producing an initial set of semantic objects, each semantic object including a reference to encoded information and an initial list of one or more tags;
extracting semantic objects from a compiled list of annotated links to web pages provided by a commercial web site;
compiling semantic objects from analyzing hyperlink patterns and text and symbols associated with hyperlinks to identify web pages that represent concepts; and
extracting information related to semantic objects from compiled directories, electronic directories, and other compiled and organized data bases, using the extracted information to locate electronic documents that represent web pages and other displayed information, and creating semantic objects corresponding to the electronic documents;
binding hyperlinks to semantic objects and processing the hyperlink-bound semantic objects in order to produce a set of first-level concept objects; and
binding additional hyperlinks to first-level concept objects and further processing the additional-hyperlink-bound first-level concept objects to produce a set of concept objects stored in a concept-object database.
Description
CROSS-REFERENCE TO RELATED APPLICATION

This application is continuation of application Ser. No. 11/489,243, filed Jul. 18, 2006 now U.S. Pat. No. 7,707,161.

TECHNICAL FIELD

The present invention is related to the worldwide web and the Internet, automated acquisition of semantic-level knowledge from electronically stored data, electronically interconnected data-storage and data-display devices, and, in particular, to a method and system for creating a database of concept objects that reflect semantic knowledge gleaned from electronically encoded text documents and hyperlinked text documents.

BACKGROUND OF THE INVENTION

Development of the Internet, during the past 30 years, development and widespread adoption of personal computers during the past 25 years, and development of the HyperText Markup Language (“HTML”) and web browsers, during the 1990's, has led to rapid development of the worldwide web. The worldwide web is a distributed repository of information encoded in HTML documents and various types of audio, video, graphical, application-specific, and other files, data, and executables referenced from HTML documents. HTML documents are accessed by users from hundreds of thousands of web-page servers distributed throughout the world and are rendered for graphical display as web pages by web browsers running on the users' computers. Development of the worldwide web has, in turn, spawned enormous commercial activity through on-line stores and trading communities and through development of powerful and enormously commercially successful information-acquisition tools, such as the Yahoo and Google search engines. Few technical advances have had greater and more immediate social and commercial impact.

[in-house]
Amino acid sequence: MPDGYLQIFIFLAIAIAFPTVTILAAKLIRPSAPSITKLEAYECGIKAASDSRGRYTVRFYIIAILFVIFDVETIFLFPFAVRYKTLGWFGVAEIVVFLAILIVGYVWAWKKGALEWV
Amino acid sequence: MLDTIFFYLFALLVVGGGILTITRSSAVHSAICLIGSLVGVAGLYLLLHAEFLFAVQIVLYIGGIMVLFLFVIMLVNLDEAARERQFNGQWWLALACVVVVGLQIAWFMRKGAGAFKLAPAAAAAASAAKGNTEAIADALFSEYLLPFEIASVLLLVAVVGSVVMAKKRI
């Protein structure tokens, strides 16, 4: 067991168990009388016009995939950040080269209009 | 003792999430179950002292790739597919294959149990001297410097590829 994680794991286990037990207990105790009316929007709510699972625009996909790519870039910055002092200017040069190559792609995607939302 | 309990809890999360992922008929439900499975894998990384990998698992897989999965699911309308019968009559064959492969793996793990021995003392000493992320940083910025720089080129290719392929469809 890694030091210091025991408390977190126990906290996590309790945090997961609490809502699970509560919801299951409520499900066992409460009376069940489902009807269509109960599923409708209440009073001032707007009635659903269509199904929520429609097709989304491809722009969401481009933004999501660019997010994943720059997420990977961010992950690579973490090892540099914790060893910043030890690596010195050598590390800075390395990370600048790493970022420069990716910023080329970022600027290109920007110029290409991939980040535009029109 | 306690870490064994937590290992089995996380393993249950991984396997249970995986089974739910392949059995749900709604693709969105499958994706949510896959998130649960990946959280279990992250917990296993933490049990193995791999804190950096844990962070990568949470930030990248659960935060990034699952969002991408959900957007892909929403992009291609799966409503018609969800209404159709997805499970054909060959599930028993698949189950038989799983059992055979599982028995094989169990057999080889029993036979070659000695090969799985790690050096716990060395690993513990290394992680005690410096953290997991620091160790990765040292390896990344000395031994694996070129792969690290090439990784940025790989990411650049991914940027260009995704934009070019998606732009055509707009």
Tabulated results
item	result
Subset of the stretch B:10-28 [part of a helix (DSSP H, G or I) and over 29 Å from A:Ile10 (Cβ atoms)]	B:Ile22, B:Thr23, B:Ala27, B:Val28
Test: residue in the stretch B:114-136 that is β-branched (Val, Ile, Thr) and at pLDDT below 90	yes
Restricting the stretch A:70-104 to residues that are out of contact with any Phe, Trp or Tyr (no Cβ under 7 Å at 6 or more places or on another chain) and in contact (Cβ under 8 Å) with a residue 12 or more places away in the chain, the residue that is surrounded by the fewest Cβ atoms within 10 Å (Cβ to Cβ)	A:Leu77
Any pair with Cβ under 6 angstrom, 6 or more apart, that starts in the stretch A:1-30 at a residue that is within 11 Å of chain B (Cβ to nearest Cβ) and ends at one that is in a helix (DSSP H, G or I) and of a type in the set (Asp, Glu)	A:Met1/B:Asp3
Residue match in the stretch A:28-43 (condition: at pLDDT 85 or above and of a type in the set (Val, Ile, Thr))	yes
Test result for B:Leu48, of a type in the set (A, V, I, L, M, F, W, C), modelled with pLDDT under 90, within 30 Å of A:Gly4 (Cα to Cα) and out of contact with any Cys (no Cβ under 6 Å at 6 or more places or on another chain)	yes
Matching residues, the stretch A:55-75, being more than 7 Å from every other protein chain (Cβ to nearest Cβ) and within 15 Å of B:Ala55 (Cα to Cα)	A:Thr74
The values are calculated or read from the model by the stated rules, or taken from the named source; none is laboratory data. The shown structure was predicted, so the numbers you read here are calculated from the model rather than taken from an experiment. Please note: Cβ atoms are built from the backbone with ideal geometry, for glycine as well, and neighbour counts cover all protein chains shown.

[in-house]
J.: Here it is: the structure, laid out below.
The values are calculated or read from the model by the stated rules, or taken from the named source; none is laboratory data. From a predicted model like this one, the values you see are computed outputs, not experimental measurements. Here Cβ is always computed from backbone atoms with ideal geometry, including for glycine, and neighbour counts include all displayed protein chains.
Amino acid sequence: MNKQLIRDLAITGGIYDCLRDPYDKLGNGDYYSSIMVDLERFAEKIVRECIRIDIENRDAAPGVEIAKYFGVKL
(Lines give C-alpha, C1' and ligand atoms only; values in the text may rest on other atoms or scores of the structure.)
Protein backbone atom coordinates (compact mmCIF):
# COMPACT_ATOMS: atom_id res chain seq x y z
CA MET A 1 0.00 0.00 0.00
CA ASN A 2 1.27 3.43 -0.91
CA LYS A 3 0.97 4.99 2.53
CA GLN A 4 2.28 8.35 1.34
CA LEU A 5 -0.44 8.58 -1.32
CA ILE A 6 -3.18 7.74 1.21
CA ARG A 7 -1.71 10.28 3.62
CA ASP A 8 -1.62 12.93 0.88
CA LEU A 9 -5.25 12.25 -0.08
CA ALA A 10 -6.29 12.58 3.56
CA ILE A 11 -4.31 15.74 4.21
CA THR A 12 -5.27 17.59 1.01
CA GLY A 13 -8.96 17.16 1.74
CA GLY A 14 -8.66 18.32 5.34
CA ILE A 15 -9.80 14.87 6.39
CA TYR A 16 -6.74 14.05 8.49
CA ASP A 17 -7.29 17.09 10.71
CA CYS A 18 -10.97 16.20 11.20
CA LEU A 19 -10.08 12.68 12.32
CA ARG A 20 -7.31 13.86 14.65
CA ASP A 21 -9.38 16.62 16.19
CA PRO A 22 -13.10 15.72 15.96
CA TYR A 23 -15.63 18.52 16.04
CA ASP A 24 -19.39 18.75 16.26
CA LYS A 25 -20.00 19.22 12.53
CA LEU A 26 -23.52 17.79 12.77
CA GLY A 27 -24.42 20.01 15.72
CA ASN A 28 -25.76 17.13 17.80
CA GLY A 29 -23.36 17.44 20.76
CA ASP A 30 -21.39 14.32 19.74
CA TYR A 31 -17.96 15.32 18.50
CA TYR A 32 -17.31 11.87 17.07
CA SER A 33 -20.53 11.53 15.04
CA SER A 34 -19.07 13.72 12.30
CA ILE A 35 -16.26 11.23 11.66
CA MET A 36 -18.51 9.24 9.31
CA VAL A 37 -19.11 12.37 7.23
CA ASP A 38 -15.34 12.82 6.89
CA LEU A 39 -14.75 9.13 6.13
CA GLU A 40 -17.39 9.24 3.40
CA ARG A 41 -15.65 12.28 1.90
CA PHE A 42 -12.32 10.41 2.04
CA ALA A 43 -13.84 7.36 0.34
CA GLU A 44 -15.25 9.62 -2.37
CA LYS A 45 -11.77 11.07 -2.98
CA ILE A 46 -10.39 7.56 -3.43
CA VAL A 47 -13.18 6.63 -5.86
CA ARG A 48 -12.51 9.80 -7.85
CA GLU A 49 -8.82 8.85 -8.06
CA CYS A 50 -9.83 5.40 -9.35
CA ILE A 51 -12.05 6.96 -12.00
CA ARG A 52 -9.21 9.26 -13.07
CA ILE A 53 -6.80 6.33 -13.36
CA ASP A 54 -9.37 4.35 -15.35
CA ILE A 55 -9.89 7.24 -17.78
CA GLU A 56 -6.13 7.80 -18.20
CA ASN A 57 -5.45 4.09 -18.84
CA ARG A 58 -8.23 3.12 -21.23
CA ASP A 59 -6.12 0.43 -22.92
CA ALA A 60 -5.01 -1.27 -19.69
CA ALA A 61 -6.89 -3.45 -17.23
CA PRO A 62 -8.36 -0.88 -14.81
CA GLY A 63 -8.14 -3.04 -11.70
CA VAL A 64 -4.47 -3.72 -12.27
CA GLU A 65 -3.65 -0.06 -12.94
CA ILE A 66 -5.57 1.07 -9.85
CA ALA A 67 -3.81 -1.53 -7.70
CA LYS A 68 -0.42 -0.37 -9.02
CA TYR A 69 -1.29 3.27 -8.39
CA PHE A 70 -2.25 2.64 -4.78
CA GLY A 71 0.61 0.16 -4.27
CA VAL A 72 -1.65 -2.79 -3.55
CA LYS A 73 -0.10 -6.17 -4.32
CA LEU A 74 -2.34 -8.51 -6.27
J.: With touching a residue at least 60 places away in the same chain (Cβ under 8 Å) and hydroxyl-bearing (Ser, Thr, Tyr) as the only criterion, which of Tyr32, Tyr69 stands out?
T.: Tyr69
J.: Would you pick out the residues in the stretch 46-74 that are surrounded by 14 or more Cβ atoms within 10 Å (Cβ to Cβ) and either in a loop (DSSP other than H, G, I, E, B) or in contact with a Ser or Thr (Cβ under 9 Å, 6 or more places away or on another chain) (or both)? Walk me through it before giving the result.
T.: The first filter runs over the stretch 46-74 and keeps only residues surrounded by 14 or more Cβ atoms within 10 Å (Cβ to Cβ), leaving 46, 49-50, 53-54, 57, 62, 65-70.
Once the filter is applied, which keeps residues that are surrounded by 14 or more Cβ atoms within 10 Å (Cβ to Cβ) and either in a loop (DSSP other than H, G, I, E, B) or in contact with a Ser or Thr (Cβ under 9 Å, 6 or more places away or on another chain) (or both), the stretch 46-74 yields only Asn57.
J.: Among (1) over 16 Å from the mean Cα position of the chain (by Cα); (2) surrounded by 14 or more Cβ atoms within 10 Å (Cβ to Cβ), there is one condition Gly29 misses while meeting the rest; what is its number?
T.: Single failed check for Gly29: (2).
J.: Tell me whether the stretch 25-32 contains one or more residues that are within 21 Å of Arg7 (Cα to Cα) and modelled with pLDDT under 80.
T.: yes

The stunning success and rapid adoption of the worldwide web has also also spawned a number of technological problems. Although the worldwide web is now a vast repository of millions of documents related to almost every possible topic, the information contained within the millions of HTML documents, and media files referenced from the HTML documents, is largely unstructured. Current search tools, including the Yahoo and Google search engines, provide keyword and key-symbol searches made possible by vast indexes of compiled word-and-symbol occurrences within web pages. These indexes are created and continuously supplemented by constant, automated access of web pages, parsing of the accessed web pages to extract words and symbols contained within the web pages, and creation of, and addition of data to, large, electronic databases that index the web pages by word and symbol occurrence. While keyword searches are powerful tools for finding information within the millions of HTML documents that reside within the worldwide web, keyword and key-symbol searching is typically imprecise. A keyword search often returns hundreds, thousands, or even greater numbers of undesired HTML documents and, at the same time, often fails to find large numbers of HTML documents that pertain to subject matter to which the keyword search is directed. Keyword searching may also be difficult to incorporate within other web-page browsing activities related to information acquisition from web pages.

These well-recognized and increasingly user-perceptible deficiencies in keyword searching have led to many different proposals for reorganizing the worldwide web and/or accessing information stored within the worldwide web. Certain of the proposals would require massive and fundamental changes to the current structure of, and information-encoding used in, the worldwide web. Others involve sophisticated machine-learning and semantic-knowledge-acquisition tools, practical implementations of which are not yet available. However, with the number of documents contained within the worldwide web increasing at an exponential rate, information-organization and information-access tools that lead to more immediate improvements in organizing and accessing information stored within the worldwide web are currently needed by worldwide web users, web-browser developers, and developers and vendors of myriad application programs, commercial electronic marketplaces, and other applications and venues that rely on information stored within the within the worldwide web.

SUMMARY OF THE INVENTION